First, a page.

Think back to 2000: at the turn of the millennium China didn’t drive the price of commodities (such as iron ore); few people could have told you the name of its currency; it certainly wouldn’t have presumed to lecture the US on how best to run its economy. The bestseller list wouldn’t have featured books with titles like When China Rules the World: the Rise of the Middle Kingdom and the End of the Western World.
If anything, that power grab has accelerated towards the end of the decade too. China emerged from the 2008 financial crisis with its prestige greatly enhanced. Its government looked surefooted in its policy response and kept the economy growing at double digits. While Western banks tottered, China’s became the world’s most highly valued by market capitalisation. And thanks to its huge foreign exchange reserves, its firms are now criss-crossing the globe purchasing natural resources and even international brands.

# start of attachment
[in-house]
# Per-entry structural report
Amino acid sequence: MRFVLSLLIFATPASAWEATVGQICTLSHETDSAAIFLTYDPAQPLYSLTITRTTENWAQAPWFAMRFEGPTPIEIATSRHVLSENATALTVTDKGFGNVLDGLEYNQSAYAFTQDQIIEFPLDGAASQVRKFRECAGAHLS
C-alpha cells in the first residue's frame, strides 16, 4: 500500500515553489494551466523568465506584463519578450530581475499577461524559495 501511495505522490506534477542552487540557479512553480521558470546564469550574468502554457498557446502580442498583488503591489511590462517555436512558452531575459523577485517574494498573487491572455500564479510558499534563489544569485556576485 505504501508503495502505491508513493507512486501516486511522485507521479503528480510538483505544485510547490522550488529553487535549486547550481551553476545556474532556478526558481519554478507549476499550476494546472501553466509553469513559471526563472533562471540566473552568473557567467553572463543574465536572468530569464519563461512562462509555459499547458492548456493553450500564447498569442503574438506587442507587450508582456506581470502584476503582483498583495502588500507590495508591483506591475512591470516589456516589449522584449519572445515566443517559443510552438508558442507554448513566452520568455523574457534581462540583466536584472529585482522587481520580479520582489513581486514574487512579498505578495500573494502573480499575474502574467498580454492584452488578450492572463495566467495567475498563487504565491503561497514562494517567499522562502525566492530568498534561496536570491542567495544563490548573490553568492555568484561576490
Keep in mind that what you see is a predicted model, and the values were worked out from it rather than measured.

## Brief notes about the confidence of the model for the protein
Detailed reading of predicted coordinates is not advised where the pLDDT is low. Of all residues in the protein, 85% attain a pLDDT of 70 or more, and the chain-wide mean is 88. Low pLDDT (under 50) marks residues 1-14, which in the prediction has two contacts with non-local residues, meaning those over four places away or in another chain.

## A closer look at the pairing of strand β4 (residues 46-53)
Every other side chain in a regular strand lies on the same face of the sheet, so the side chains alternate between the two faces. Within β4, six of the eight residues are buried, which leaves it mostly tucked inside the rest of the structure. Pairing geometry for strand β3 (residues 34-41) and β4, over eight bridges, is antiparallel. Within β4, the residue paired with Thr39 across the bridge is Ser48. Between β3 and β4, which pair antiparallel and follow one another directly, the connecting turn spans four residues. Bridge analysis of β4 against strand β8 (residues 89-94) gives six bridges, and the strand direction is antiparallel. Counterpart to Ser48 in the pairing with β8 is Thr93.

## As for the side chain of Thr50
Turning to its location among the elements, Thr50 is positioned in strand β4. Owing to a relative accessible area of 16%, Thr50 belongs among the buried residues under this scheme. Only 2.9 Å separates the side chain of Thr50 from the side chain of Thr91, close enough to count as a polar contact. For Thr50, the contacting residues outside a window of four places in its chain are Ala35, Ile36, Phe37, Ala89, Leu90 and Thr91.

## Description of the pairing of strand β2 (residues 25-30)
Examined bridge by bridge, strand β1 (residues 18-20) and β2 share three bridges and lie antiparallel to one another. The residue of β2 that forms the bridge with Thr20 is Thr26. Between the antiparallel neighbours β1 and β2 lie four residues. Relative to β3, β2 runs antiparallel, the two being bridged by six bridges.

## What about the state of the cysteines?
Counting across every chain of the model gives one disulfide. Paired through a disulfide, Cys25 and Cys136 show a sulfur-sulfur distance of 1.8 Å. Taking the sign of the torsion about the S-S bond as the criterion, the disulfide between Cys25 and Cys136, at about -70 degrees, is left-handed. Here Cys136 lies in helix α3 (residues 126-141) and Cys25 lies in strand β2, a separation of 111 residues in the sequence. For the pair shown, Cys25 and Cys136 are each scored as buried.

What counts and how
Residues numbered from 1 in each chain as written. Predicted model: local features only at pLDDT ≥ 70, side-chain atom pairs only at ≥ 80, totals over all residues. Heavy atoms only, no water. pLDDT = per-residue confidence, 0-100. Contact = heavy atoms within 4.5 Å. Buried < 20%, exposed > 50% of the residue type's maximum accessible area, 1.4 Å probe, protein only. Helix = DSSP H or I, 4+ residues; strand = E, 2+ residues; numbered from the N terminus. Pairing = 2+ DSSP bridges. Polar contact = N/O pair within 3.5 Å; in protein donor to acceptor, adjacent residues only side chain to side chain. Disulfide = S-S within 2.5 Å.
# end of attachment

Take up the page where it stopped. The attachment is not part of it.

If this decade has seen China’s prestige surge more than any other country’s, its corporate equivalent is Apple. In the past 10 years the US firm has moved from the periphery of the business world to centre stage – redefining every business that it touches. It’s hard to think of another company that has had a more transformational decade.
Again, the numbers speak volumes. At the start of the decade Apple had a market capitalisation of $16 billion. After the dotcom crash and tech sell-off, its value barely exceeded the cash it held. That is to say its core computer business was pretty much worth zero. In one of the great turnarounds in business history its market value has since grown to around $294 billion. And, symbolically, its market cap this year overtook that of its old nemesis, Microsoft (coincidentally at almost the same time that China’s economy toppled Japan’s from the world’s number two spot).